@boringbunny yes. I understand that his point is that something like alleviating hunger is a more immediate need, but education-- which is largely what any cultural institution's fundraising goes toward-- is still vital and not that far down (or up?) the hierarchy of needs. Museum professionals, and in particular educators, spend a lot of time trying to make sure that their spaces and programs are accessible to all. Basically, my point is-- it's not mutually exclusive, and there can be giving to many different types of orgs.
@kentuckygal Yay for you! When my then-fiance and I moved in, we got a joint checking/savings account and pretty much used it for everything, with some caveats that strictly personal purchases should be discussed (within reason, not talking like a cup of coffee or something). We are married now, and each still have credit cards in our names, but basically...most things go on my husband's credit card, and I use my credit card exclusively for presents for him that I don't want him to find out about. We've never once "split" anything and pretty much consider all money shared money, though do still each retain personal pre-relationship-existing checking and savings accounts. I suppose that might be a "just in case," but really it's mostly because those accounts exist at our college's credit union, which has better rates so no incentive to move the money. And we're lazy.
What do we think about the ethics of charging for transcripts? My undergrad alma mater does not charge at all, no matter how many copies; my grad alma mater charges I think after one copy per year? And then I found out that charging for transcripts is a thing that many universities do. Isn't that part of their obligation to you as alumni? The fees are never exorbitant, but it still bothers me.
I went to an aldi once in DC and was neither impressed nor unimpressed. Some things seemed like a good deal, others not really. I think the best deal I got was a pack of bell peppers for like $2 or less, and they were all very good. I recall that the fancy cheese section was also generally a good deal. Also, I was unprepared for the debit card only thing.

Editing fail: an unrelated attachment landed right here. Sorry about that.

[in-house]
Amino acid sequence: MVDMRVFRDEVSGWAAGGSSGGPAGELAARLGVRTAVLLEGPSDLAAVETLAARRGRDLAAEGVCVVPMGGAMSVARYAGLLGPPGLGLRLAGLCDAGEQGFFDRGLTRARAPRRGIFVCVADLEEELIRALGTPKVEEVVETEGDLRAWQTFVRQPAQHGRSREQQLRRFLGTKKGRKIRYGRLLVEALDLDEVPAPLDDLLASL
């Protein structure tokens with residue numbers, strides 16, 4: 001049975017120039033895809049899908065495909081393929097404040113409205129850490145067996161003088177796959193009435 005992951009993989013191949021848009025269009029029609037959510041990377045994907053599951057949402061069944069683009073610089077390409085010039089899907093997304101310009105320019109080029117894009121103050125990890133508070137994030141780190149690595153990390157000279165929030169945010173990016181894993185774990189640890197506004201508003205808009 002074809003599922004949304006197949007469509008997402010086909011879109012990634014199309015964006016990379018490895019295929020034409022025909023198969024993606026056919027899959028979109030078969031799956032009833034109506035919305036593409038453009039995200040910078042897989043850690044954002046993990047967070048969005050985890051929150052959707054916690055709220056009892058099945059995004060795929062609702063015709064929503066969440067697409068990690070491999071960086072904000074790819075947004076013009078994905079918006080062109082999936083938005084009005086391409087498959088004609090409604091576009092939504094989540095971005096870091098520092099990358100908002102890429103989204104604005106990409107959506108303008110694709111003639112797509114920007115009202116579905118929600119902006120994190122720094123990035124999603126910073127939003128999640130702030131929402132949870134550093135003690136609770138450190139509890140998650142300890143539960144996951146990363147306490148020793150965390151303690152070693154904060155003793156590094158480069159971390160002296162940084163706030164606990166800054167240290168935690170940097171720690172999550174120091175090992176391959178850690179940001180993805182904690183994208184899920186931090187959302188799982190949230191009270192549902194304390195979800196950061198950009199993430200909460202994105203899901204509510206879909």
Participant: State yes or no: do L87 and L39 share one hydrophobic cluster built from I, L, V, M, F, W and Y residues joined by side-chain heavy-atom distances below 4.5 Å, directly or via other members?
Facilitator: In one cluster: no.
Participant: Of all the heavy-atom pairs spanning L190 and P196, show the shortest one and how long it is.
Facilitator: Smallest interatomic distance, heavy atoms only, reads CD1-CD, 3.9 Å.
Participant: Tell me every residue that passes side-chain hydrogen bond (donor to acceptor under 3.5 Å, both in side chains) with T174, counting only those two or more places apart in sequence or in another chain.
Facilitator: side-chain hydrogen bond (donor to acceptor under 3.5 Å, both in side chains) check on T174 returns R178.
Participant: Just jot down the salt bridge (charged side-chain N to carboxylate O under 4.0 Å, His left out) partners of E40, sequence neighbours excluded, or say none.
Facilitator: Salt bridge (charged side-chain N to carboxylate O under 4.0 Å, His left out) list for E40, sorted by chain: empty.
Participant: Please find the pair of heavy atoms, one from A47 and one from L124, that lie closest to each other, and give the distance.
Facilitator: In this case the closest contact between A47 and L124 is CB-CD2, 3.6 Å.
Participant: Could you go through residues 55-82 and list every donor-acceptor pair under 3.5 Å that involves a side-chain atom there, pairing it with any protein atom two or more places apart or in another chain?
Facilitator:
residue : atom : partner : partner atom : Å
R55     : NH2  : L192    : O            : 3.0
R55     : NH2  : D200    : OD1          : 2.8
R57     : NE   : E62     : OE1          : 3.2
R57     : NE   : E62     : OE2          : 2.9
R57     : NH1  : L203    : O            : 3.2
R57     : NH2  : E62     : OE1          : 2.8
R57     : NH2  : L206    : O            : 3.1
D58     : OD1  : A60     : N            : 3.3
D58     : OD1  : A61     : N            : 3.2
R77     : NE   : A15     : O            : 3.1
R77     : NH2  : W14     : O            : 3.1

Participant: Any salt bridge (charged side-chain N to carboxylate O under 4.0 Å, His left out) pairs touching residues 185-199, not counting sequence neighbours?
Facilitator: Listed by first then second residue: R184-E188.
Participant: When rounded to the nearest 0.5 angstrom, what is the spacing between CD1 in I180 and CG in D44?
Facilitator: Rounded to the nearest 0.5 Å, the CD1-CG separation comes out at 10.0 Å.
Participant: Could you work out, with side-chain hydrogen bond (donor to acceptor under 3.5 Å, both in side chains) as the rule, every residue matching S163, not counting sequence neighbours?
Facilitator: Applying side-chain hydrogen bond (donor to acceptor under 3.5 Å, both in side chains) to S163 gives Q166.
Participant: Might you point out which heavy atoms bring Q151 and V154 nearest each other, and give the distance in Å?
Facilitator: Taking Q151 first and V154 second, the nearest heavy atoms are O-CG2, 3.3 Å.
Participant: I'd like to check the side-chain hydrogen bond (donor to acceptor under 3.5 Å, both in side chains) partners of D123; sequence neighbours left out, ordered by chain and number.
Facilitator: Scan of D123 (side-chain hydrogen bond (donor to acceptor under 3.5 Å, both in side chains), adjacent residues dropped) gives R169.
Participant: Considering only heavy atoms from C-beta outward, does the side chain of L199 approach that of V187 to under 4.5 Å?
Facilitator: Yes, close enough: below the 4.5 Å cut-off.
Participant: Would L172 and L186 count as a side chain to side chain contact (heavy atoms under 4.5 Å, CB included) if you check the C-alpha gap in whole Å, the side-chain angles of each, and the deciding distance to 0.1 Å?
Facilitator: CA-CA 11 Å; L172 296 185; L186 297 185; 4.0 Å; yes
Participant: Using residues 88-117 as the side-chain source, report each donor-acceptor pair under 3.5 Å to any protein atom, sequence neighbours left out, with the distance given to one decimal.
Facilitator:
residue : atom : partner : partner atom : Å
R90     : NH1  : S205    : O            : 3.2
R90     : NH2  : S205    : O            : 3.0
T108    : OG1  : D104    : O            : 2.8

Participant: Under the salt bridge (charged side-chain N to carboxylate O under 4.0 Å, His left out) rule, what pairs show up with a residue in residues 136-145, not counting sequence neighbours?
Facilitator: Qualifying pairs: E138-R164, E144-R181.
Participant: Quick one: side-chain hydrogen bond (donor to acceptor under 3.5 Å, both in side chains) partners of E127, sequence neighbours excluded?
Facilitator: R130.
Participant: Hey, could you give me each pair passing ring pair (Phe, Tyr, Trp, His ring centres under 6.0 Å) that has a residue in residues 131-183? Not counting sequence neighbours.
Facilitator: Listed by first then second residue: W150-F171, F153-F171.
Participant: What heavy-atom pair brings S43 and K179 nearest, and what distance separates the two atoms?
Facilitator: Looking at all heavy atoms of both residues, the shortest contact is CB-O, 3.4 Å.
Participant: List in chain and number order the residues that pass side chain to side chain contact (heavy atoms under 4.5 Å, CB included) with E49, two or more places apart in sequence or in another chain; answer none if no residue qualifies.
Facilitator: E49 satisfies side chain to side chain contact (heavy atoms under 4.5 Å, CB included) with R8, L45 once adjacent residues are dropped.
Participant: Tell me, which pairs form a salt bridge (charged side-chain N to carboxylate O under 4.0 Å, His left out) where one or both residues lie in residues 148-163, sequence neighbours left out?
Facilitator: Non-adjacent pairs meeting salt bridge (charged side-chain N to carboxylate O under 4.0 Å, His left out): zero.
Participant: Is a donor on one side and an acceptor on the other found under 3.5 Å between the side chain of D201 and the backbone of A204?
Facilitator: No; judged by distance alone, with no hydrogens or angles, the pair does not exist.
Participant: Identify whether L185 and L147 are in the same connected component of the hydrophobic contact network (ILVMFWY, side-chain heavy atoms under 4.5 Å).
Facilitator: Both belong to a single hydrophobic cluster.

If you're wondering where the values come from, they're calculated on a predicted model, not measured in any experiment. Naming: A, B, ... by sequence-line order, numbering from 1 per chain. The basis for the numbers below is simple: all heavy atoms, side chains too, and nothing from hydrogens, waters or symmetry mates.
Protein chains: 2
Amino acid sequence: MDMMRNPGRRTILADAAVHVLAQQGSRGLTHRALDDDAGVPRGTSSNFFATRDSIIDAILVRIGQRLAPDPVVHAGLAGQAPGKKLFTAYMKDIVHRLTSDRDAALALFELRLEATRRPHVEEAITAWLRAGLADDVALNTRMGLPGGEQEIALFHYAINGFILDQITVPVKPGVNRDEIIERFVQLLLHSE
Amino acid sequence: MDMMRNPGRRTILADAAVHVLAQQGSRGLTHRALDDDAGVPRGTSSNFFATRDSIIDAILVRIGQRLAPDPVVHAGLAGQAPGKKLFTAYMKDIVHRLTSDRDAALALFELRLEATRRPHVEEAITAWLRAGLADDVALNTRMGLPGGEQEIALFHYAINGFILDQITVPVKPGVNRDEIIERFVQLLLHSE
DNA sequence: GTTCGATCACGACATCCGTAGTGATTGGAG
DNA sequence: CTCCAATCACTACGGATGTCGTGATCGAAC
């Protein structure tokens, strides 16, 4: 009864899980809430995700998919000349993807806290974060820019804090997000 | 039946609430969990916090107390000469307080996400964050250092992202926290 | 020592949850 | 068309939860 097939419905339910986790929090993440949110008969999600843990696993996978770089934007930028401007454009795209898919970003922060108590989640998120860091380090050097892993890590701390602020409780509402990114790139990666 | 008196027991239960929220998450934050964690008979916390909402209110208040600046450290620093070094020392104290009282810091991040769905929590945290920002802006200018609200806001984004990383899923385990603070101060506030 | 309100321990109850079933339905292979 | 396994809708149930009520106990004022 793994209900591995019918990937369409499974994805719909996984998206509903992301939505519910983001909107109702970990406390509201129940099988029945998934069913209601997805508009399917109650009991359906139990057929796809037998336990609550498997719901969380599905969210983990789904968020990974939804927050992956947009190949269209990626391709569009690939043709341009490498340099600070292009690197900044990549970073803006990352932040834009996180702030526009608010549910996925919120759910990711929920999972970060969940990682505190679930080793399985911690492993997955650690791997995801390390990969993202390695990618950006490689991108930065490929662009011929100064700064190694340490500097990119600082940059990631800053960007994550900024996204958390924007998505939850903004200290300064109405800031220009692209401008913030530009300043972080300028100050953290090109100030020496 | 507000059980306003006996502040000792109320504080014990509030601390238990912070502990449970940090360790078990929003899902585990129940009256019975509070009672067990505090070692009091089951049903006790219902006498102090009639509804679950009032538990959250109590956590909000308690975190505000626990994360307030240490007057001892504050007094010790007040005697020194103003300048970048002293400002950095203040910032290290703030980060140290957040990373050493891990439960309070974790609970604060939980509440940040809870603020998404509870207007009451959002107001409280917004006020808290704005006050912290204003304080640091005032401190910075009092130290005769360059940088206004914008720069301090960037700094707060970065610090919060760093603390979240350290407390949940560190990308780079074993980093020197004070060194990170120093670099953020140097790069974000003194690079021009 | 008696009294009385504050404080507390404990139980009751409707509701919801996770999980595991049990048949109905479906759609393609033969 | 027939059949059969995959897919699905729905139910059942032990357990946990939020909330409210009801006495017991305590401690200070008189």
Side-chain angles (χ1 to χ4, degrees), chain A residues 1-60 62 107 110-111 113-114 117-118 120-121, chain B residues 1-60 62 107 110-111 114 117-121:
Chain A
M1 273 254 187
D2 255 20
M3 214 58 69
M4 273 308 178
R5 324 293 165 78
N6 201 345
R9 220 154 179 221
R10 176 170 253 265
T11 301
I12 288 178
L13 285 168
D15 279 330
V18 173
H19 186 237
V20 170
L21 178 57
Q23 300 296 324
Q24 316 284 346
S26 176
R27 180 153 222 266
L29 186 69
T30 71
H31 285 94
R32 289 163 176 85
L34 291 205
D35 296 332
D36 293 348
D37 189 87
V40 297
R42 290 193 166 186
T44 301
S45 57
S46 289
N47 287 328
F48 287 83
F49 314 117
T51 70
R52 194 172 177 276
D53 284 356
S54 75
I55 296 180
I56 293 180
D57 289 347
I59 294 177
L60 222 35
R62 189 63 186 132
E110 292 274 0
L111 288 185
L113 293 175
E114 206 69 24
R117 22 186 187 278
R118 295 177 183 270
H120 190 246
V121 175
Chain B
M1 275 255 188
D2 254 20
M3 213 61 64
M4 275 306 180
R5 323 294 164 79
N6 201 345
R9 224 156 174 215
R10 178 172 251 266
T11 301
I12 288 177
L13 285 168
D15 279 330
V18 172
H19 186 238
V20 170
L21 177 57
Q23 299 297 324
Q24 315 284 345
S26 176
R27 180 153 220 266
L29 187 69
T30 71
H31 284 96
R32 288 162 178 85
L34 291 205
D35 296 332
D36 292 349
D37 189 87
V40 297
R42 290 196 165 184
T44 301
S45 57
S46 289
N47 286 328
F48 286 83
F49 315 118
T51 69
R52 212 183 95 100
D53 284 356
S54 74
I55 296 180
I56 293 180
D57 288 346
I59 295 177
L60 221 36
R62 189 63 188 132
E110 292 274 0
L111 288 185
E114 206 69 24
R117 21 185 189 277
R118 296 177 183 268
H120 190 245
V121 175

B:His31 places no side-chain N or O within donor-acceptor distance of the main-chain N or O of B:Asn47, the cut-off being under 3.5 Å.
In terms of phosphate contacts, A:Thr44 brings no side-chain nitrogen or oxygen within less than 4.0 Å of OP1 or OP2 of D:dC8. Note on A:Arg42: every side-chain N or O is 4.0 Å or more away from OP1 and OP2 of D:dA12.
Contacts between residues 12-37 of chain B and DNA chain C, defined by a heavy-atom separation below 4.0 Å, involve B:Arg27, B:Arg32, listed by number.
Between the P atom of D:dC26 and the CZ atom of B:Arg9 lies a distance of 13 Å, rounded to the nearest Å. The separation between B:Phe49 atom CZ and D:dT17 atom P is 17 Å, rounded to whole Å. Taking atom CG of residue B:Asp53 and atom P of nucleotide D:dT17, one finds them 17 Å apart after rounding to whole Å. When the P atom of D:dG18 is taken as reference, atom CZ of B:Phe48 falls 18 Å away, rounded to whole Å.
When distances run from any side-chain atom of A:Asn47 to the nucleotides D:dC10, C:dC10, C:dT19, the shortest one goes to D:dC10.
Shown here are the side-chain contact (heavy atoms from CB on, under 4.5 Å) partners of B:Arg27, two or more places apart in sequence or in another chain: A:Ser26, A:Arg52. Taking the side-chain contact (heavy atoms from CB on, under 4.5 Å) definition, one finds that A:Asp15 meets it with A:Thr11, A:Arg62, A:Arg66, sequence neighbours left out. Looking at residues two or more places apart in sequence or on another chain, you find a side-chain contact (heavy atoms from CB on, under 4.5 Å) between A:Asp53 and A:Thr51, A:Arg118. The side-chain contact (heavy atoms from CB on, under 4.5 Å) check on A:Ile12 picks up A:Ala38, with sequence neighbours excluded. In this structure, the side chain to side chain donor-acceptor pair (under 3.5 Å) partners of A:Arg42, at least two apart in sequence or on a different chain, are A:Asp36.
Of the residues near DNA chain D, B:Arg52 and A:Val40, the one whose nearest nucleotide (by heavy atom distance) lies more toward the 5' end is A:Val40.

I've said it before and I'll say it again: Papa Francesco is my spirit animal. He's basically all that's right with Catholicism.
Wow, I really want a bacon lettuce and mango sandwich on ciabatta now.
Classless indeed. Reminds of a situation at a place I used to work-- close to a major DC landmark, and so a lot of homeless people would hang out there, and thus right near our publicly-oriented building. Director claimed the presence of the homeless was deterring people from entering, and so he had recommended turning the sprinklers on, on a regular schedule, so they'd find other places to hang out. It was maybe the most inhumane thing I've ever heard in a work setting.
@wrappedupinbooks Okay, so who remembers Ronco? That was on allllll the time when I was a kid.
For my husband-then-boyfriend's 21st birthday, his parents' gift was for us to have dinner at Citronelle, which Dcers will know is very expensive. I think it was like $300 for the two of us, and a meal I'll never forget. But-- if that were our own money to spend on it? NOPE. I am very skeptical of the correlation between cost and quality when it comes to food. Because when it costs $10 to make BUCKETS of falafel, $50 for a fancy burger is just funny.